Expectation or Hope?

I was recently reading a work of fiction from one of my favorite authors. In the book, the main character is experiencing some life changes and isn’t very happy about his present situation. Being an analytical type, he realized that he has unmet expectations which resulted in frustration followed by anger that things are not as he would like. As I was reading this, I was hit with the realization that all of us have been there. My next thought was “What would be a Christian response to this situation?”

Expectation is defined as a strong belief or feeling that something will happen in the future. It is not a common word in the Bible as it only appears six times, and “expect” is found 20 times. We go to our favorite restaurant expecting to have a pleasant experience and a good meal. Expectation is frequently paired with hope. The words are sometimes used interchangeably. But hope occurs in the Bible 164 times, most frequently in Psalms and in the book of Job. 

What then is the difference in the words? Obviously, the Bible seems to elevate hope to a higher standard than expectation. Thane Marcus has written on this topic and lists differences in the two words:

  1. Having hope means you are trusting the process. Having an expectation means you are trusting the results.
  2. Having  hope means that the future is uncertain. Having an expectation means that you are predetermining the future.
  1. Having  hope is an action of humility. Having an expectation can be an act of pride.
  1. Having  hope does not disappoint. Having an expectation often falls short.
  1. Having  hope helps us acknowledge that God knows best. Having an expectation often indicates that you know best.
  1. Having  hope produces a life of faith. Having an expectation produces a life of entitlement.

As you can see, the two words differ in their focus. When we have expectations, we are looking to self for fulfillment of our desires. Hope places its focus on God to give us what is best for us. In the story of Job, his friends tell him to “Curse God and die.” Their viewpoint is that Job’s suffering is a cause-and-effect result of Job’s actions – he was getting what he deserved. Job is probably perplexed as anyone but his faith remains intact. In Job 13:15 he says “though he slay me, I will hope in Him.” He continues in that verse, saying “I will surely defend my ways to His face.” Job is a man, confident of his faith and in the goodness of his God.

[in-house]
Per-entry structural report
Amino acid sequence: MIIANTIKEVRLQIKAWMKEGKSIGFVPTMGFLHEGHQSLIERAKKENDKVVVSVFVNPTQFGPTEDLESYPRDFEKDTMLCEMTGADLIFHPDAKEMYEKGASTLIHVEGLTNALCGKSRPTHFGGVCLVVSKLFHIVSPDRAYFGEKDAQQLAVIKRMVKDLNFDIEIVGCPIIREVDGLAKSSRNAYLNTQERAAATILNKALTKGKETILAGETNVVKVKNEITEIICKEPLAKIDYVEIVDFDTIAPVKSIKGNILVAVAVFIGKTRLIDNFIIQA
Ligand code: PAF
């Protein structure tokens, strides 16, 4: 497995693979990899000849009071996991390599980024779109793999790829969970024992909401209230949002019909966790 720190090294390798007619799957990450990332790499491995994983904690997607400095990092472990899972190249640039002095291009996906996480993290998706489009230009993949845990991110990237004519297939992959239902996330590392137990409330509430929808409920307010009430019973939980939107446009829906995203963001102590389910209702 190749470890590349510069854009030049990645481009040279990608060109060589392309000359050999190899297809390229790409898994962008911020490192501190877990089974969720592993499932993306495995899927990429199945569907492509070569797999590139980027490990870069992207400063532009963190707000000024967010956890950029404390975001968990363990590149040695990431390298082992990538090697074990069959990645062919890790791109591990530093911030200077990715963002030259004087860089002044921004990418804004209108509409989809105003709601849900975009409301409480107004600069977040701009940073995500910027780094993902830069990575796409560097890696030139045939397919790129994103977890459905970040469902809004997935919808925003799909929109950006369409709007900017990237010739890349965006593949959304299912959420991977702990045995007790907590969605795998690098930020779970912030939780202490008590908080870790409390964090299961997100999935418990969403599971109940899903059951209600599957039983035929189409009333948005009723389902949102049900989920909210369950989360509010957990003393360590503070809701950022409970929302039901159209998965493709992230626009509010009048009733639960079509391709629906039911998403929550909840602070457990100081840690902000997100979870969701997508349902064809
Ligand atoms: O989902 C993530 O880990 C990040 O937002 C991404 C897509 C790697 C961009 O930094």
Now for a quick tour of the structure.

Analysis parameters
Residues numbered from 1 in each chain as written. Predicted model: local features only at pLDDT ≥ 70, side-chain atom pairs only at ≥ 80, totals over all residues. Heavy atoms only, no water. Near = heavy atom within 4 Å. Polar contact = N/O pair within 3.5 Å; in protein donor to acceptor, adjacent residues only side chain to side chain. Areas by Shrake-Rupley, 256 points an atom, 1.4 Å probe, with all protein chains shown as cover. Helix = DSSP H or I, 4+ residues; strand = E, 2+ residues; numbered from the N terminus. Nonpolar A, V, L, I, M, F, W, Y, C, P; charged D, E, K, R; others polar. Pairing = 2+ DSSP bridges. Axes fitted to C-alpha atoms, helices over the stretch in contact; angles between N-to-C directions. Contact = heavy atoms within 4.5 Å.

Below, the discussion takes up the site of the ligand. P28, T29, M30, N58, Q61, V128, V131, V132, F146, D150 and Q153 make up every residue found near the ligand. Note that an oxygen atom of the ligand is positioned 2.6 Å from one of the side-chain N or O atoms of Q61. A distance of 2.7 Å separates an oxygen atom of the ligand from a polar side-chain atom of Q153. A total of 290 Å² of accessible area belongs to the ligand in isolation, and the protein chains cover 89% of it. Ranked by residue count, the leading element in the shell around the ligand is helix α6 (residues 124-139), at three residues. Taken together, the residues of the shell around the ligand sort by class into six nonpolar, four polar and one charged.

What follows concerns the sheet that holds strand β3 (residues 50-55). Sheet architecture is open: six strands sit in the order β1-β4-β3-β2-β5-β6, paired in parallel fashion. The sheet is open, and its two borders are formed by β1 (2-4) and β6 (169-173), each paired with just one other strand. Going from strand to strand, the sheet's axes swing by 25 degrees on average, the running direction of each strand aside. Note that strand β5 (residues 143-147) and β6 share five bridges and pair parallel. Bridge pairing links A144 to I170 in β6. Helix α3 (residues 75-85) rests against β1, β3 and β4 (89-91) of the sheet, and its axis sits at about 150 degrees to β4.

I would contrast Job with Judas. We can’t know for certain what his motives were in betraying Jesus. Maybe he was forcing Jesus’ hand, expecting Him to rise up and usher in the defeat of Rome through power. But his expectations, whatever they were, did not come to fruition and he became frustrated when things didn’t work out, culminating in anger with himself. Taking some literary license perhaps he wondered what he did wrong. What could he have done to achieve a different result?

When we focus on ourselves and our entitlements, the result is frustration at how events unfold.  Our frustration simmers, we seethe at the injustice of what has been done to us. “How dare they treat me that way!”

As we go further down the path of expectations and frustration we become angry. When I go to my favorite restaurant and my expectations are not met, how do I react? I am frustrated that the wonderful time I planned did not meet my expectations. Perhaps I vent my disappointment to someone at the restaurant. Maybe I will post a negative review on the internet. Maybe I just stew in my frustrations and anger and vow never to return to that establishment.

Anger is not good for us. Among the effects of anger are an increase in your risk of heart attack and stroke. It weakens your immune system and increases your anxiety. Anger can cause depression. Being angry or hostile can damage your lungs. And it can shorten your life. Often when we vent such anger we may later feel embarrassed at our behavior. We should make amends to those we may have wronged.

Obviously extreme  anger is not intended by God. The Bible does indicate a place for the  anger, properly expressed. Jesus expressed anger six times in the Bible, including driving the money changers out of the Temple. His was a righteous anger. In Ephesians Paul writes “Be angry and do not sin.”  In James 1:19-20 we read “Everyone should be quick to listen, slow to speak and slow to become angry, because human anger does not produce the righteousness that God desires.” Strive for holy anger, shun human anger.

We can take one of two paths – we can choose expectations or hope. Expectations are within us, they are our doing. Hope is a focus on God who will give us what is best for us. Do you have expectations or do you have hope?

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